Strangers have observed with surprise the quietness which reigns within the city limits on the Sabbath day. The streets have a cleaner, fresher look, and with the exception of the Bowery and Chatham street, are closed to trade. The wharves are hushed and still, and the river and bay lie calm and subdued in the light of the Sabbath sun. Everybody seems trying to look as neat and as clean as possible. The cars run on Sunday, as in the week. This is necessary in so large a city, as without them many persons would be unable to attend church, their houses being miles away from their places of worship.

                     CHURCH GOING.

In the morning, the various churches are well filled, for New Yorkers consider it a matter of principle to attend morning service. The streets are filled with persons hastening to church, the cars are crowded, and handsome carriages dash by, conveying their wealthy owners to their only hour of prayer.

The churches are nearly all above Bleecker street. Trinity, St. Paul's, the old Dutch Church in Fulton street, and a few seamen's bethels along the river, are the only places of worship left to the dwellers in the lower part of the city, who are chiefly the poor and needy. Little or no care is taken of this part of the population, and yet it would seem good missionary ground. Trinity tries hard to draw them into its fold, but no one else seems to care for them.

The up-town churches are well filled in the morning. The music, the fame of the preacher, the rank of the church in the fashionable world, all these things help to swell the congregation. They are generally magnificent edifices, erected with great taste, and at a great cost. They crowd into fashionable neighborhoods, being often located so close to each other that the music of one will disturb the prayers of the congregation of the other. The plea for this is that the old down town locations were out of the way for the majority of the congregations. Many of the new sites, however, are quite as hard to reach. The pews rent for sums far beyond the purses of persons of moderate means, so that the majority of New Yorkers are compelled to roam about, from church to church, in order to hear the gospel at all. At the majority of the churches, strangers are welcome, and are received with courtesy, but at others they are treated with the utmost rudeness if they happen to get into some upstart's pew, and are not unfrequently asked to give up their seats.

There are intellectual giants in the New York pulpit, but they are very few. The majority of the clergy are men of little intellect, and less oratorical power. They are popular, though, with their own cures, and the most of them are well provided for. They doubtless understand how to 
    "Preach to please the sinners, 
     And fill the vacant pews."

                     SUNDAY AFTERNOON.

Morning service over, an early dinner follows. Then everybody thinks of enjoying himself if the weather is fine, or of sleeping the afternoon away if the day is too wet to go out. The cars are filled with personsen route for the Park to pass a pleasant afternoon - the drives of that beautiful resort are filled with the elegant equipages of the fashionables, and the churches are comparatively deserted. Almost every livery hack, buggy, or other vehicle in the city, is engaged for Sunday, several days beforehand, and the poor horses have no mercy shown them on that day.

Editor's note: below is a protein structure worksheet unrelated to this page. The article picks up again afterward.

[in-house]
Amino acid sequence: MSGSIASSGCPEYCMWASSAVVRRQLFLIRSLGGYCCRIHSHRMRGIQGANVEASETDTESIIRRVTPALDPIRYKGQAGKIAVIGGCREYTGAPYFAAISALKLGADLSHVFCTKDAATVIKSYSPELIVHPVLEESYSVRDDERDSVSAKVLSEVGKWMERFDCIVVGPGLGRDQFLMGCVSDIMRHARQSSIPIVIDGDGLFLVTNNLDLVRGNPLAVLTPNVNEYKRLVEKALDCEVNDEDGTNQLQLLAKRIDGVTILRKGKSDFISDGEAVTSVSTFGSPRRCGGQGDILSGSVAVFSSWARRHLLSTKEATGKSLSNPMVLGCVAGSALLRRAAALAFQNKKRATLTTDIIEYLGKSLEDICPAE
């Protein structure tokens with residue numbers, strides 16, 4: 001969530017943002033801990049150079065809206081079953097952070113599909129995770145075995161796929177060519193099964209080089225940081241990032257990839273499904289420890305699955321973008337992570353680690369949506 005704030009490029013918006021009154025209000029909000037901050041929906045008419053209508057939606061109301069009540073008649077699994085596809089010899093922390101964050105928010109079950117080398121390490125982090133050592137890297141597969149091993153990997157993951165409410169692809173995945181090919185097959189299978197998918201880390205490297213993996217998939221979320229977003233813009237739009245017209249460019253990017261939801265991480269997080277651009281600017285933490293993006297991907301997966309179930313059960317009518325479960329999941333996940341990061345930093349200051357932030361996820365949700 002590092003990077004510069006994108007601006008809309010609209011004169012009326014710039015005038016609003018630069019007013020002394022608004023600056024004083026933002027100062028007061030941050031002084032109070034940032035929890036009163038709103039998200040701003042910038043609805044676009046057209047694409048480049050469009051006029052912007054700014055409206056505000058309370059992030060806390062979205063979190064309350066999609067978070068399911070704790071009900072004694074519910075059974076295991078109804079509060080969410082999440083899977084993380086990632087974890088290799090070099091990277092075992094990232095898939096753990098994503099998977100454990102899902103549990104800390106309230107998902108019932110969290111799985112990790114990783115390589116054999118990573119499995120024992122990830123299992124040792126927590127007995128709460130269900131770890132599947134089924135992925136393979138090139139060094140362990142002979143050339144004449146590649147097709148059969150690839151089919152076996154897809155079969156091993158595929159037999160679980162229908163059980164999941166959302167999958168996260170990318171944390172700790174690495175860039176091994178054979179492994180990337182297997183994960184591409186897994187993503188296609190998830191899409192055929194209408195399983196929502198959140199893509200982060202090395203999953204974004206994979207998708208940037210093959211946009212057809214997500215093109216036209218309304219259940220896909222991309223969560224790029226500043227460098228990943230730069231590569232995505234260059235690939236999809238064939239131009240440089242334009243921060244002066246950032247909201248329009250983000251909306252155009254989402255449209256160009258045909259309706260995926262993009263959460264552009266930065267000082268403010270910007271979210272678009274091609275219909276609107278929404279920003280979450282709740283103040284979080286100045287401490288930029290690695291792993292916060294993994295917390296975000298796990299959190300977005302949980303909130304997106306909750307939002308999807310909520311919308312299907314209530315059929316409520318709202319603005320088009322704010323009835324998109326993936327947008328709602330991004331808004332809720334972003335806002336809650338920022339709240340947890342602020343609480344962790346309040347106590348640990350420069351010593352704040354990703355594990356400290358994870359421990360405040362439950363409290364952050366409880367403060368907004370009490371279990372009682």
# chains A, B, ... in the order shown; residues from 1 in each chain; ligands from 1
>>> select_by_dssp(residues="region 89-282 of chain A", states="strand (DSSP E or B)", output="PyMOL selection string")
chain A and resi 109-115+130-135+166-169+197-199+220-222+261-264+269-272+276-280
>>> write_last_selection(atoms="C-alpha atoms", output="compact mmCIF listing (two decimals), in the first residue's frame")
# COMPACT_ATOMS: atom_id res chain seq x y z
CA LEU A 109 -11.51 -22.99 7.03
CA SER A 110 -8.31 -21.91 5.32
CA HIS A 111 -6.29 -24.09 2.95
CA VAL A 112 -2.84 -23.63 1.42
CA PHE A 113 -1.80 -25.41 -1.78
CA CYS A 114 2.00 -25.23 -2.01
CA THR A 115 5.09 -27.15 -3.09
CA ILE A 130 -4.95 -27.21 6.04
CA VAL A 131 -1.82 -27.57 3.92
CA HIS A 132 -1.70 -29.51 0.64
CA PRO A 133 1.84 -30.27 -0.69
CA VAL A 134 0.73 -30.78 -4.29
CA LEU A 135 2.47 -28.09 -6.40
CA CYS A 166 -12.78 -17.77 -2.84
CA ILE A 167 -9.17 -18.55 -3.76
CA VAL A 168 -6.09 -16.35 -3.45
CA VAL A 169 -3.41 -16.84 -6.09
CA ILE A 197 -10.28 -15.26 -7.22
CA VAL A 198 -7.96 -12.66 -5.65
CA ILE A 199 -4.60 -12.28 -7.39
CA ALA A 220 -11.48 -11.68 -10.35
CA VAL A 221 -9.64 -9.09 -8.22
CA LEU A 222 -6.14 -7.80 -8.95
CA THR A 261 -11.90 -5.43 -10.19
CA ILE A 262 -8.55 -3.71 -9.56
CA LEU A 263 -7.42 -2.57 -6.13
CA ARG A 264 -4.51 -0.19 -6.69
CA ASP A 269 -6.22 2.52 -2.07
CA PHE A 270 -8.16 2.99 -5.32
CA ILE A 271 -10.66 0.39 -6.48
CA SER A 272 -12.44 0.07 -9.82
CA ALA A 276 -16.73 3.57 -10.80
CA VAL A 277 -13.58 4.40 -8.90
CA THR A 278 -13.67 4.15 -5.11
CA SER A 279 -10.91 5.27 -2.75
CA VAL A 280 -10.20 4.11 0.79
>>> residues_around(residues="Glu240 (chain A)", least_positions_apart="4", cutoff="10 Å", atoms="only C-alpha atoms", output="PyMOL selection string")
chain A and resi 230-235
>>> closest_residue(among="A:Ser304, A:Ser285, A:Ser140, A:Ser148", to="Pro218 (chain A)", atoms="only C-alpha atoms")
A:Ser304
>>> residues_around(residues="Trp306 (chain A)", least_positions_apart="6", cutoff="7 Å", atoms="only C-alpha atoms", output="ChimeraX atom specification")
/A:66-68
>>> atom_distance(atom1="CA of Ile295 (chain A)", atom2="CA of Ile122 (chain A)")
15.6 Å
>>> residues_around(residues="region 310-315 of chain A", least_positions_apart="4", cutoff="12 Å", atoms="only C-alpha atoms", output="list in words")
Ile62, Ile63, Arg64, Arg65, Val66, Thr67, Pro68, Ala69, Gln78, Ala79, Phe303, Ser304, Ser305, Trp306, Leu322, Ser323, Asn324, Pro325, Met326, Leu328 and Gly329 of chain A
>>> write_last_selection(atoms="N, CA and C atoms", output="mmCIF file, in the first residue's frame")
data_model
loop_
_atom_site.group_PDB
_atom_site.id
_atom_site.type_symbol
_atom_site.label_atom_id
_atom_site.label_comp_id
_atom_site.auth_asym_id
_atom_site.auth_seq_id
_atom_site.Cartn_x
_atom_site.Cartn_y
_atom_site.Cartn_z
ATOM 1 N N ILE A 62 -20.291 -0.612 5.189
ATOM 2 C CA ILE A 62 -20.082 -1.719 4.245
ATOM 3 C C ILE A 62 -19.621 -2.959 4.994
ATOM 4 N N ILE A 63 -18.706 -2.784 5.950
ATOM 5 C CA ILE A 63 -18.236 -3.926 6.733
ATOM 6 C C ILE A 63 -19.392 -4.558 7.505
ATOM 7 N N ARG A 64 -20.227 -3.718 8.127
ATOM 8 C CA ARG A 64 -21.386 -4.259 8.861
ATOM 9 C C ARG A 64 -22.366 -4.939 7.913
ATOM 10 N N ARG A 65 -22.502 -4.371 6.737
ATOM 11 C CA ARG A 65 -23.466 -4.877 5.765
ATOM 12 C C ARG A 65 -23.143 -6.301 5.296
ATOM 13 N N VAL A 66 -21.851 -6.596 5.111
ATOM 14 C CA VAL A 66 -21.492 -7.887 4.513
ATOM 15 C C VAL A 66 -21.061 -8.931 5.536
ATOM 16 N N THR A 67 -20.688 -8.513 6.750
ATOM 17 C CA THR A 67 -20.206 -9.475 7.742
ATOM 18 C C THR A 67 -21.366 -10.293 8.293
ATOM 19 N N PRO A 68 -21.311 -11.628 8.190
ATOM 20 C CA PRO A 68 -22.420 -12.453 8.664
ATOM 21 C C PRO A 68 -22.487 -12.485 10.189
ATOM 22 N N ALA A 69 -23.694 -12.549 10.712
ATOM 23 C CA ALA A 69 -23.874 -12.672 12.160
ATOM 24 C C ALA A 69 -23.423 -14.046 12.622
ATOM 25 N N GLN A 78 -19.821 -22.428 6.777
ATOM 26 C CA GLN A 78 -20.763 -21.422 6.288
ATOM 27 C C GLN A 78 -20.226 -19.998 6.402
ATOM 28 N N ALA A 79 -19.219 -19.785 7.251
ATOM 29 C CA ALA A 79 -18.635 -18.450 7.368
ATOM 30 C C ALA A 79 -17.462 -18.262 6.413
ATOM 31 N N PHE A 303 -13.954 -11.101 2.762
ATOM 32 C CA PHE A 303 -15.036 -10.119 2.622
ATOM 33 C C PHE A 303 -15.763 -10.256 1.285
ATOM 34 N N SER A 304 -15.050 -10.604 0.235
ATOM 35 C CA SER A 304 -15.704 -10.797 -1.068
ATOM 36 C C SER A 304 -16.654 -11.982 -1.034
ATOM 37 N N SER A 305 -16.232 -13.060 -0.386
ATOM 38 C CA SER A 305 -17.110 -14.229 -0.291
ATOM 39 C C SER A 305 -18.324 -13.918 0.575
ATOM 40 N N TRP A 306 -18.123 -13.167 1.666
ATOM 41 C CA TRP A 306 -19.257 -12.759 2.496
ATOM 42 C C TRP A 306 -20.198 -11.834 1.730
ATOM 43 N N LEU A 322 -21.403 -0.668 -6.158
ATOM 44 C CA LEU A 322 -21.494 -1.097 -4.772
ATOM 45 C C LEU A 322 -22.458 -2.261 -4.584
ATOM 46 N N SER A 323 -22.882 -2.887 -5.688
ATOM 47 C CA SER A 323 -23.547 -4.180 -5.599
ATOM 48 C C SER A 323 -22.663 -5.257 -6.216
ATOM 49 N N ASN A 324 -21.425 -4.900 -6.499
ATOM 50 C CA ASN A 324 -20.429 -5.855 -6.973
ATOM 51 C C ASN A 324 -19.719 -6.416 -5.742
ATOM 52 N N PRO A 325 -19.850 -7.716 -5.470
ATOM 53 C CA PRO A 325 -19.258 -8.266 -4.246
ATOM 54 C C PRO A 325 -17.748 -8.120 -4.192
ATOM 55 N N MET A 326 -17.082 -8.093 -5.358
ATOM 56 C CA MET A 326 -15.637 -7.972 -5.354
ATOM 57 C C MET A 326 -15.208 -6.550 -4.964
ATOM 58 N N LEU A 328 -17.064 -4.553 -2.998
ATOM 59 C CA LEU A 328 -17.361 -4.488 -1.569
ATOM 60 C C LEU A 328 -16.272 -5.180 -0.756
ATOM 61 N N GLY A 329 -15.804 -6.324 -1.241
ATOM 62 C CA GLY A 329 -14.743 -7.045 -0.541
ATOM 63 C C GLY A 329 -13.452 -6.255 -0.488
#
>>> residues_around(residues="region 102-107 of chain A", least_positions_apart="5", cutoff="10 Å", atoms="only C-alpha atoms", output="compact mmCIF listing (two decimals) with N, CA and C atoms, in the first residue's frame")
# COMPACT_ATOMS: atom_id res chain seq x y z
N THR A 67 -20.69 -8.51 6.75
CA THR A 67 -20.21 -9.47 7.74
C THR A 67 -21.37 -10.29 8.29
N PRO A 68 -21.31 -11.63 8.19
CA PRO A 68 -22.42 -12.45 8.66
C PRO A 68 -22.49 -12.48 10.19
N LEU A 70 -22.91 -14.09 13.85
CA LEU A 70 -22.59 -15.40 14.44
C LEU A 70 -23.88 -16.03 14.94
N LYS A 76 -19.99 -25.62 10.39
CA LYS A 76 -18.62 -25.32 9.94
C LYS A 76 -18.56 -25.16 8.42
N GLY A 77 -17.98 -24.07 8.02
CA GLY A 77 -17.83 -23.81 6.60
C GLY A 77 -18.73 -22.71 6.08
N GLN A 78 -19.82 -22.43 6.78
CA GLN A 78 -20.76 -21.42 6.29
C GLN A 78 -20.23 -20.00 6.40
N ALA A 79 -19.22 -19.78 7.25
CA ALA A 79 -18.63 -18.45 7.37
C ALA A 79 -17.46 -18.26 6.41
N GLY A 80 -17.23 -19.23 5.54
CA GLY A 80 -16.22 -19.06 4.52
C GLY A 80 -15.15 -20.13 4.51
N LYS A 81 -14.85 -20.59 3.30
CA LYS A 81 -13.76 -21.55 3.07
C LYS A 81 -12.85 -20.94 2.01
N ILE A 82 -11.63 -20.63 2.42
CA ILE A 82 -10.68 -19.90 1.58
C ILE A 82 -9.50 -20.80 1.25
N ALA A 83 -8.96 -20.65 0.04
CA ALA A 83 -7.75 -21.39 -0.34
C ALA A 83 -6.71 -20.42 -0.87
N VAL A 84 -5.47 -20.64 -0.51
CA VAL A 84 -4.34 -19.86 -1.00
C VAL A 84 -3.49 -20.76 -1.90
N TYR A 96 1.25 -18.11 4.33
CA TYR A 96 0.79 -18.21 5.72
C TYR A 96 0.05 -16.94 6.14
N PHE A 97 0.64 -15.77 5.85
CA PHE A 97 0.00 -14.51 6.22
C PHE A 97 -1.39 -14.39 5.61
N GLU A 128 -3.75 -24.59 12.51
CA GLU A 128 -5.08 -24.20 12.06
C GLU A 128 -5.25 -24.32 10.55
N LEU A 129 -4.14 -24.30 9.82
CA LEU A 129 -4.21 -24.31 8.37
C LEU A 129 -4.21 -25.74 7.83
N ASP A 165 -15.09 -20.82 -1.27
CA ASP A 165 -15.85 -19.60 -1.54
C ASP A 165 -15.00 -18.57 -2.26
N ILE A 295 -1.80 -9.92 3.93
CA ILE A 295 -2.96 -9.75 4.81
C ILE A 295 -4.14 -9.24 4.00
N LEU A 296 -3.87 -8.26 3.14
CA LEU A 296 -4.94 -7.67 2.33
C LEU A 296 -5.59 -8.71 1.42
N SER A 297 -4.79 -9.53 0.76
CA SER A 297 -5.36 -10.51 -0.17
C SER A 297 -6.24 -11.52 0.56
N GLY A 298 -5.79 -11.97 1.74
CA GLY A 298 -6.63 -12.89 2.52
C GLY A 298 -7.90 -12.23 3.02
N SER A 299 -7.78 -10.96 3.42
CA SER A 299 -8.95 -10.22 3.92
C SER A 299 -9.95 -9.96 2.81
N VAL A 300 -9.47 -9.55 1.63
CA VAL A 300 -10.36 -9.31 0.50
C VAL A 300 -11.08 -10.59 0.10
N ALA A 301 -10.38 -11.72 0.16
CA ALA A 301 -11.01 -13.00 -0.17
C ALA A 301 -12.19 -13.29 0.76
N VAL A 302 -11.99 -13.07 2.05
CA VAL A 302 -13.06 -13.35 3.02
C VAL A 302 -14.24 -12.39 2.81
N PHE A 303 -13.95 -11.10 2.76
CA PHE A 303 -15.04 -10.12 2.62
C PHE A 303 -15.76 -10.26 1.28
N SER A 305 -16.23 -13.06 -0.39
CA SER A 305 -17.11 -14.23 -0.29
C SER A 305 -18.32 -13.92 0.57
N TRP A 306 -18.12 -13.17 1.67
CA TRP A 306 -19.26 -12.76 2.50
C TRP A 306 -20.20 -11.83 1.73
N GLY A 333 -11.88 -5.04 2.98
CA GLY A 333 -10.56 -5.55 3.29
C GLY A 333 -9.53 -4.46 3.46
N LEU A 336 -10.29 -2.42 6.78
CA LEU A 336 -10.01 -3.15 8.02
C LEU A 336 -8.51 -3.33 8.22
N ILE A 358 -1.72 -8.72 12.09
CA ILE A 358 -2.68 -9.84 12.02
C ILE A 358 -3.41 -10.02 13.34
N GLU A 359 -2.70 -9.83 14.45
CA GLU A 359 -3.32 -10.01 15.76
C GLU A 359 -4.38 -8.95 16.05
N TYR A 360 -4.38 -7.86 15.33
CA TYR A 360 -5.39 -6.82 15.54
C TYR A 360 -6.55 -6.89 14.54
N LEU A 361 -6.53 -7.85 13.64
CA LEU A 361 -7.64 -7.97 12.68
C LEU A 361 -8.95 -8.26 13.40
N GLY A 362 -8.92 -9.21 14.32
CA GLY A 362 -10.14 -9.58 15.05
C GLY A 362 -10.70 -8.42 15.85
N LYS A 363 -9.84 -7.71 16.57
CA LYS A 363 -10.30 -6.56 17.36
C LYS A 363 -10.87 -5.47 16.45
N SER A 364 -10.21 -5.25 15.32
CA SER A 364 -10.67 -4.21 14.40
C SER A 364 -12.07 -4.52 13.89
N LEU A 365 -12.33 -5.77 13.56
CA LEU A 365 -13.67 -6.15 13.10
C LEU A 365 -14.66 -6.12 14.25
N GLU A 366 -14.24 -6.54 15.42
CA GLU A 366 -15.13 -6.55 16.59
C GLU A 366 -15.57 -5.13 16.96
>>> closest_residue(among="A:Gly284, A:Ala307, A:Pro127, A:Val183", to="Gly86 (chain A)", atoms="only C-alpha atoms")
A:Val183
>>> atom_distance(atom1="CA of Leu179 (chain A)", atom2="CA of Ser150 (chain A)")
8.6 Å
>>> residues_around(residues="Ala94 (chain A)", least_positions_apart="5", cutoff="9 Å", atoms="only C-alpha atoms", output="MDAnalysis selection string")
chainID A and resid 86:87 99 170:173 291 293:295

The low class theatres and places of amusement in the Bowery and adjacent streets are opened toward sunset, and vice reigns there triumphant. The Bowery beer gardens sell lemonade and soda water, and such beverages as are not prohibited by the excise law, and the orchestra and orchestrions play music from the ritual of the Roman Catholic church.

The excise law forbids the sale of spirituous or malt liquors on the Sabbath, and the bar rooms are closed from midnight on Saturday until Monday morning. The police have orders to arrest all persons violating this law. There is no doubt, however, that liquor can be obtained by those who are willing to incur the risk necessary to get it; but as the majority do not care to take this trouble, the North river ferries are thronged on Sunday, by persons going over to New Jersey for their beer, wine, and stronger drinks. There is no Sunday law in that State, and Jersey City and Hoboken are only five minutes distant from New York.

At night the churches are better attended than in the afternoon, but not so well as in the morning. Many ministers will not open their churches for afternoon service, because they know they cannot fill a dozen pews at that time. Their congregations are driving in the Park - the young men, perhaps, in Hoboken, after lager.

Sunday concerts are now becoming a feature in New York life. These are given at the principal halls of the city, and the music consists of selections of sacred gems from the master pieces of the great composers. The performers are known all over the land for their musical skill, and the audiences are large and fashionable. No one seems to think it sinful thus to desecrate God's holy day, and it must be confessed that these concerts are the least objectionable Sunday amusements known to our people.

The reason of all this dissipation on the Sabbath is plain. People are so much engrossed in the pursuit of wealth, that they take no time in the week for rest or amusement. They wait for Sunday to do this, and grudge the few hours in the morning that decency requires them to pass in church.

                     THE EXCISE TRIALS.

Scarcely a Sunday passes without numerous arrests being made for violations of the excise law. These cases are tried before the Board of Excise Commissioners, who, if the offence be sufficiently gross, take away the license of the accused party, or punish him according to the terms of the law. Some queer pictures of humanity are exhibited at these trials.